Joy loved the people of Newcastle and they loved her. She was reliable in her deliberations and dedication to her role in office. – Alma Tate, former Newcastle Councillor.

I knew her in the Labor Party and I dealt with her as lord mayor. I had a very great respect for her political skills but also as a person she was very genuine and humane and well loved certainly by the people of Newcastle. Barrie Unsworth, NSW premier 1986-1988.

Joy possessed those rare qualities which enabled her to treat people with dignity, warmth and respect, regardless of their station in life. Sharon Grierson, Federal member for Newcastle.

Joy was a trailblazer for women in community leadership. She was an outstanding lord mayor who did so much for Newcastle, a city she absolutely loved. – Neville Wran, NSW premier 1976-1986.

She was a wonderful woman, great Novocastrian and a role model for people like myself. Jill Hall, Federal member for Shortland.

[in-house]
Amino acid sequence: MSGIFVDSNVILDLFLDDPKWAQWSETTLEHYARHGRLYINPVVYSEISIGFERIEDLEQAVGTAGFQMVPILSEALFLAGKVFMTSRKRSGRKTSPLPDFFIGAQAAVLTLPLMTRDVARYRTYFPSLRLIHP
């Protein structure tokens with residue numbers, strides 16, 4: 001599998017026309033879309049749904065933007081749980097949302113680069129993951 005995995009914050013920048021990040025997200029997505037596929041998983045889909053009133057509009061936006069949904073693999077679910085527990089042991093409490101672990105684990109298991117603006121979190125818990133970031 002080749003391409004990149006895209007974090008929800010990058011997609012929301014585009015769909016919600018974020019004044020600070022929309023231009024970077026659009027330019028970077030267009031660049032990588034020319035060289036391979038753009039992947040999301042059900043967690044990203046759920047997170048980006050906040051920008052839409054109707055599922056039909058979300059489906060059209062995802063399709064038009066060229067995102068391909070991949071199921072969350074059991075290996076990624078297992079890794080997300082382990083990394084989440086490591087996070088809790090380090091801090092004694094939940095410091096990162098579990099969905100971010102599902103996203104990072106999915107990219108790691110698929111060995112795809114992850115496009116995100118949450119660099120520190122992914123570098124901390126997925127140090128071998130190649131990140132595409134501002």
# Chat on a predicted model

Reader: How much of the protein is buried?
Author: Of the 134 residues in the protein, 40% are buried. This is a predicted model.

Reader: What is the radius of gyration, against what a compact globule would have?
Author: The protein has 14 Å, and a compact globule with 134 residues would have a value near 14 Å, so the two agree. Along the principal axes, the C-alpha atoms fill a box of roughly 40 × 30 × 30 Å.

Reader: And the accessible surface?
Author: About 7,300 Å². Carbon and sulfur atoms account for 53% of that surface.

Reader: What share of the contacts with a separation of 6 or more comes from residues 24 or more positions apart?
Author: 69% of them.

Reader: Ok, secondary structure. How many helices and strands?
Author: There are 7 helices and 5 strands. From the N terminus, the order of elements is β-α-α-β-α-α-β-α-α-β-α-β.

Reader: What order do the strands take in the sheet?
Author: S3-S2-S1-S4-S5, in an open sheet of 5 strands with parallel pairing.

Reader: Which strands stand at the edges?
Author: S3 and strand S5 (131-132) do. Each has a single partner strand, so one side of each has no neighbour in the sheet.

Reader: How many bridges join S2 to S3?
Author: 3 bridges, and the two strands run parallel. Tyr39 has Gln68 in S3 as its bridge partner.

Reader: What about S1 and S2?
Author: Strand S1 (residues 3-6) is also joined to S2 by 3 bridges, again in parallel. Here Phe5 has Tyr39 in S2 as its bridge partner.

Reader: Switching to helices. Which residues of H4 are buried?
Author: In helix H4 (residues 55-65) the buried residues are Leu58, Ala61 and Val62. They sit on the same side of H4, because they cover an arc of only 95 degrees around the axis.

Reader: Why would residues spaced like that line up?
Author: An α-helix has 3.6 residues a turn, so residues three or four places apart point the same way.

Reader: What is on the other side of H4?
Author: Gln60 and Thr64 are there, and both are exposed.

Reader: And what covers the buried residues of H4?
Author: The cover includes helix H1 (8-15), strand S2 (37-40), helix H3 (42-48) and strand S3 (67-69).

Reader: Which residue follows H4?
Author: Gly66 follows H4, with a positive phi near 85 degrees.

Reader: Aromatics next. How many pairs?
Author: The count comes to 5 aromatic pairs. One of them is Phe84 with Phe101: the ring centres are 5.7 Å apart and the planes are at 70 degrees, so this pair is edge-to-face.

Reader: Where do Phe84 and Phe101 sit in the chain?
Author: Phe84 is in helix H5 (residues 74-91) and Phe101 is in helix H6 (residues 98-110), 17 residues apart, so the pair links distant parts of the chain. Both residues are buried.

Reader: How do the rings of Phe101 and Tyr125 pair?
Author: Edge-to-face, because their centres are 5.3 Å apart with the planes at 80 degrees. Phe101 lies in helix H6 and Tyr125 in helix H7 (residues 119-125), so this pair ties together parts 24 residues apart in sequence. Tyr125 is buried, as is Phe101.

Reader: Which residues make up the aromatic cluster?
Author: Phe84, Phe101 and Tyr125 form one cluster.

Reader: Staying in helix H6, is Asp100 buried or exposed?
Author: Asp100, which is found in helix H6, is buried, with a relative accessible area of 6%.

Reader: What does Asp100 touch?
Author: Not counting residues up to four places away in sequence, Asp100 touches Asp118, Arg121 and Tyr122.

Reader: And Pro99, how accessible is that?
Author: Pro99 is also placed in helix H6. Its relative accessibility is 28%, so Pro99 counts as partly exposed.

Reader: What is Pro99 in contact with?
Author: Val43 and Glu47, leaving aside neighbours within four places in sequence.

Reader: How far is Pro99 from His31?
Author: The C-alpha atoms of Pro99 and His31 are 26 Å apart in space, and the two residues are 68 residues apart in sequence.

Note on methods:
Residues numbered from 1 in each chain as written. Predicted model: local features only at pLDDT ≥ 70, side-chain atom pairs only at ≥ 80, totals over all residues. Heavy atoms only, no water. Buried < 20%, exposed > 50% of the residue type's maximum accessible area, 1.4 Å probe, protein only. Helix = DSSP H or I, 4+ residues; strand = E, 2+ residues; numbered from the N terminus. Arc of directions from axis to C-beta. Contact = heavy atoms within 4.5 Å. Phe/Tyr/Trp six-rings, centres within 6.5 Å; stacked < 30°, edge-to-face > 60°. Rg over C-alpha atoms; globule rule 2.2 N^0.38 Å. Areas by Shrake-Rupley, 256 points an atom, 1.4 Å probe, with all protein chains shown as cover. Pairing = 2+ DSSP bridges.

Joy Cummings was immensely popular as lord mayor.This immense popularity can be partially explained by the variety of causes she supported and her extensive contacts with the community while she was lord mayor. Margaret Henry, Newcastle councillor.

I [am] the only [current] member of Parliament to have served with her while she was lord mayor of Newcastle. Joy was a local icon, she received an OAM [Order of Australia Medal] during the time she was lord mayor of the city. John Price State member for Maitland.

It’s a passing of an era really because she was so outstanding, taking the seat of her husband when he wasn’t well. She had a vision that the city had to keep pace with things in the rest of the state rather than be insular in the way the Hunter was at that time. Richard Face, Charlestown MP.